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Coverage of the Arts by Weekend America.

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  • New Langston Hughes Poems Discovered

    Langston Hughes

    It's Langston Hughes's birthday this weekend, and people across the country are celebrating one of America's most beloved poets with poetry performances and other events. Poetry magazine has given Langston Hughes fans even more reason to celebrate. This month's issue features three previously unpublished Langston Hughes poems, written in 1930.

  • Conversations with America: Concluding the Conversation

    Turner, O'Connor and Williams

    Since last September, Weekend America has been asking writers and thinkers for their take on what matters to them and what should matter to all of us during this time of political change. Now that we have a new president, we thought we'd get some of the contributors back together to continue the conversation - with each other.

  • Weekend Soundtrack: "Shattered" by the Rolling Stones

    Susan Akers

    We've been asking listeners about the songs that bridge the gap from Friday to Monday. Our latest story comes from Susan Akers. Her song this weekend is "Shattered" by the Rolling Stones.

  • Saving the Story

    David Kirkpatrick and Nexi

    MIT is teaming up with a new movie studio in Massachusetts to create the storytelling technology of the future. We asked Reporter Sean Cole to look into the story, but instead of doing a radio report about it, he wrote a sci-fi movie-type drama, and cast himself as the reporter. So grab some Jujubes. Sit back. And enjoy the show.

  • Good News, Bad News, No News

    Our panel of non-experts weigh in on this week's news events in a parlor game to gauge what kind of week America had. Joining us on this week's panel are Nancy French, author of "A Red State of Mind," comedian Dana Gould and Reihan Salam, associate editor at The Atlantic.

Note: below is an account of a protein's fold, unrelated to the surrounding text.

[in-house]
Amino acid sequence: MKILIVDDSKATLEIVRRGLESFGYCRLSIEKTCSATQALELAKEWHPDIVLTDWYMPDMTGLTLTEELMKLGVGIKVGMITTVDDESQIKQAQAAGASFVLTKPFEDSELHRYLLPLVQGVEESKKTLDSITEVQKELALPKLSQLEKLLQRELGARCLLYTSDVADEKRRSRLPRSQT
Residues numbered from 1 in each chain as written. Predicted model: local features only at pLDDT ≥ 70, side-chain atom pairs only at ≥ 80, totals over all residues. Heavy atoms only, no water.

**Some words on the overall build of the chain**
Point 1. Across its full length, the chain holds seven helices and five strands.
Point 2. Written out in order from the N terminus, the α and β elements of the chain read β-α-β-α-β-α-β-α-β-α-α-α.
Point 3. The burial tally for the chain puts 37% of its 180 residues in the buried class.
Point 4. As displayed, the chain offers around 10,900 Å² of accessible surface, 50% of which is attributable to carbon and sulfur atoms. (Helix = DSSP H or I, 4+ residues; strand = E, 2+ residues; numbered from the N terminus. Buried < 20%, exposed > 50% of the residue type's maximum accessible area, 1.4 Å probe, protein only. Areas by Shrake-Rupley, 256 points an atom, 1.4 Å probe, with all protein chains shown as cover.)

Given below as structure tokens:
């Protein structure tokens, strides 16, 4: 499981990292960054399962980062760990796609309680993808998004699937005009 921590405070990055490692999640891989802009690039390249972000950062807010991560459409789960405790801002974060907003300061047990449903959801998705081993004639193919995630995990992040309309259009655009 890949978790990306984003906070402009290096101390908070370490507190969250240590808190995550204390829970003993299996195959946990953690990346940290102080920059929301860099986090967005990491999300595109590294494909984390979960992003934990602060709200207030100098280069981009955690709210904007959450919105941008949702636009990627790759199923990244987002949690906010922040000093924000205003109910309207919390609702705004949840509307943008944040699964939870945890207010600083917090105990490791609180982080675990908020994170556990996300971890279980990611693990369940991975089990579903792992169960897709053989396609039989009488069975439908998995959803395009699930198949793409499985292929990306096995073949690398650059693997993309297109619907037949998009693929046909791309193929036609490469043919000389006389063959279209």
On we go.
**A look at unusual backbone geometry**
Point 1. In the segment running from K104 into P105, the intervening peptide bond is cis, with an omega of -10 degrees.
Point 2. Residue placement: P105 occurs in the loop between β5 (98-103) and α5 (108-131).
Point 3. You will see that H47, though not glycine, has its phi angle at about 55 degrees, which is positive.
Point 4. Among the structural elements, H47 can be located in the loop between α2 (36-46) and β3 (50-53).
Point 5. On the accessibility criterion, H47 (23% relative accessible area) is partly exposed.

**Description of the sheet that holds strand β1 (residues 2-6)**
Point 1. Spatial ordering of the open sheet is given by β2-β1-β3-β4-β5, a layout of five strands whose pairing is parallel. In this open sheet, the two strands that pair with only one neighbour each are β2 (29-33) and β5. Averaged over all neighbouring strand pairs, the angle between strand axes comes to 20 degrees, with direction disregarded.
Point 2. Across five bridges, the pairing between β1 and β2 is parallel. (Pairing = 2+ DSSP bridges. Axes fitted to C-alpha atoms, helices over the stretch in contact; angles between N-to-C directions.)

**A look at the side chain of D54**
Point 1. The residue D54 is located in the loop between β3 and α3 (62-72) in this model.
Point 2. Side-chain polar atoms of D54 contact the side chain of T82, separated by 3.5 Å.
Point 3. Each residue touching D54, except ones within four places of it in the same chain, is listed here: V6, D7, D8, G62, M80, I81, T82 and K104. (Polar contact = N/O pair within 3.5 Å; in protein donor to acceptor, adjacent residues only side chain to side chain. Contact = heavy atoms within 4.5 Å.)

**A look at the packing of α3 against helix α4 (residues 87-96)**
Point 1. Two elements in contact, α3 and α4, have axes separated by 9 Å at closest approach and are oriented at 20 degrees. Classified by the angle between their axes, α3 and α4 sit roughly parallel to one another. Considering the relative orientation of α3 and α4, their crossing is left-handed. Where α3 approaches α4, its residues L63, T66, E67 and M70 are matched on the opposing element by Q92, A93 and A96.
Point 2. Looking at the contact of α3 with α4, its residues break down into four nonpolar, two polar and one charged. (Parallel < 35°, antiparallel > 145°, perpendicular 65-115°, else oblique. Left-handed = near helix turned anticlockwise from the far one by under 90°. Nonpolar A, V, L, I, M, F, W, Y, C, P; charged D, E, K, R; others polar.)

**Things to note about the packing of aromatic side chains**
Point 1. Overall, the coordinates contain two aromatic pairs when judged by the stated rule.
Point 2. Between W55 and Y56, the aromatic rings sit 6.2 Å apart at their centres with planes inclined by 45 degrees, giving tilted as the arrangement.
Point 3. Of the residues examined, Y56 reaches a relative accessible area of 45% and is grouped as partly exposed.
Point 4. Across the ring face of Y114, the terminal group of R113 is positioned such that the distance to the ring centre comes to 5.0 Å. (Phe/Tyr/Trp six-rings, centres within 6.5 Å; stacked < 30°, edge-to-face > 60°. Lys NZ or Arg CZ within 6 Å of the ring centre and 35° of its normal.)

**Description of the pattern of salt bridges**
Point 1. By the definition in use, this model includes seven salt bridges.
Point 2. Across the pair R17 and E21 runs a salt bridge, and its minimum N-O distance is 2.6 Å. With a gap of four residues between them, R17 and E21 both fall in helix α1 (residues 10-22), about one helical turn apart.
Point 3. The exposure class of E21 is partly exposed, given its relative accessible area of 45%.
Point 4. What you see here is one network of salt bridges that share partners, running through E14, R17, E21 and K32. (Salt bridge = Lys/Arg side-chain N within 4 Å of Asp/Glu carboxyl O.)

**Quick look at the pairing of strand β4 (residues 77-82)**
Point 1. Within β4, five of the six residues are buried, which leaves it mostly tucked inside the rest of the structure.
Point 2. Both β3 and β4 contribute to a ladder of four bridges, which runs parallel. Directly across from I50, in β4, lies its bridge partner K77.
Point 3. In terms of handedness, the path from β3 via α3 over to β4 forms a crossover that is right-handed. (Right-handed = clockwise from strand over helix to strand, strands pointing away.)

• Eat Cake

    Eat Cake.

    With winter temperatures low and the sky gray for weeks at a time, it can be tempting to hole up inside and not go anywhere on weekends. For lots of people who live by themselves, that means hanging out at home alone. We wondered what would happen when two people who were used to being alone in winter accidentally cross paths.

  • Letters: Ocean Pollution and Goodbyes

    The Blue Flamingo Thrift Store

    We open the Weekend America mailbag to hear your responses to recent stories. Weekend America's last episode is January 31, and listeners have been writing us to say goodbye. We also revisit our story on ocean pollution from earlier this month, which prompted questions from listeners about the pharmaceutical pollution entering U.S. waterways.

  • Bringing Banh Mi to the Masses

    Banh Mi

    This week is the Lunar New Year, a celebration that's all about good food, and one item sure to pop up at street events is the "banh mi," a Vietnamese sandwich with hybrid origins. Banh mis have been slowly conquering the suburbs of California along business arteries where you'd expect to find a McDonald's or Wendy's. Reporter Corey Takahashi went deep into California to discover the future of banh mi.

  • This Weekend in 1968: Miss America

    Debra Barnes Snodgrass

    In Las Vegas this weekend it's the 88th annual Miss America pageant. At the 1968 competition, outside Atlantic City's Convention Hall, a group of women gathered on the boardwalk. They held signs that read "Women's Liberation." Their demonstration was a window into the emergence of a movement that would gain considerable strength in the decade to come.

  • Sleepover!

    Nora attempts to prank call the boys.

    Two intrepid reporters, Hillary Frank and Jonathan Menjivar, brave the world of PJs, giggles and video games to see what really goes down at weekend slumber parties. Frank and Menjivar went to two sleepovers, a girl's slumber party and a boy's one, respectively, to get the goods on what really goes on once the lights go out.

  • Hugging Saint

    Krissy Clark experiences Amma's hug

    If it's cold where you are this weekend, you can hug for warmth. Chances are, if you hug, it will be with someone you know. Such is not the case with a woman named Amma. In the last few days, Amma has hugged about 10,000 people. And next week she'll hug several thousand more. A couple years ago, she hugged Weekend America's Krissy Clark in San Francisco.

  • The Art of Field Recording

    Willie Mae Eberhardt and Fleta Mitchell

    Most people think of folk music as a thing of the past. It seemed to disappear in the '60s when rock and roll and the Beatles swept the music scene. But if you search hard enough, folk music and the musicians who play it are still around. Art Rosenbaum has made it his life's work to find and record it. He's become the Indiana Jones of folk music. Independent Producer Philip Graitcer traveled with Rosenbaum to visit a few traditional musicians.

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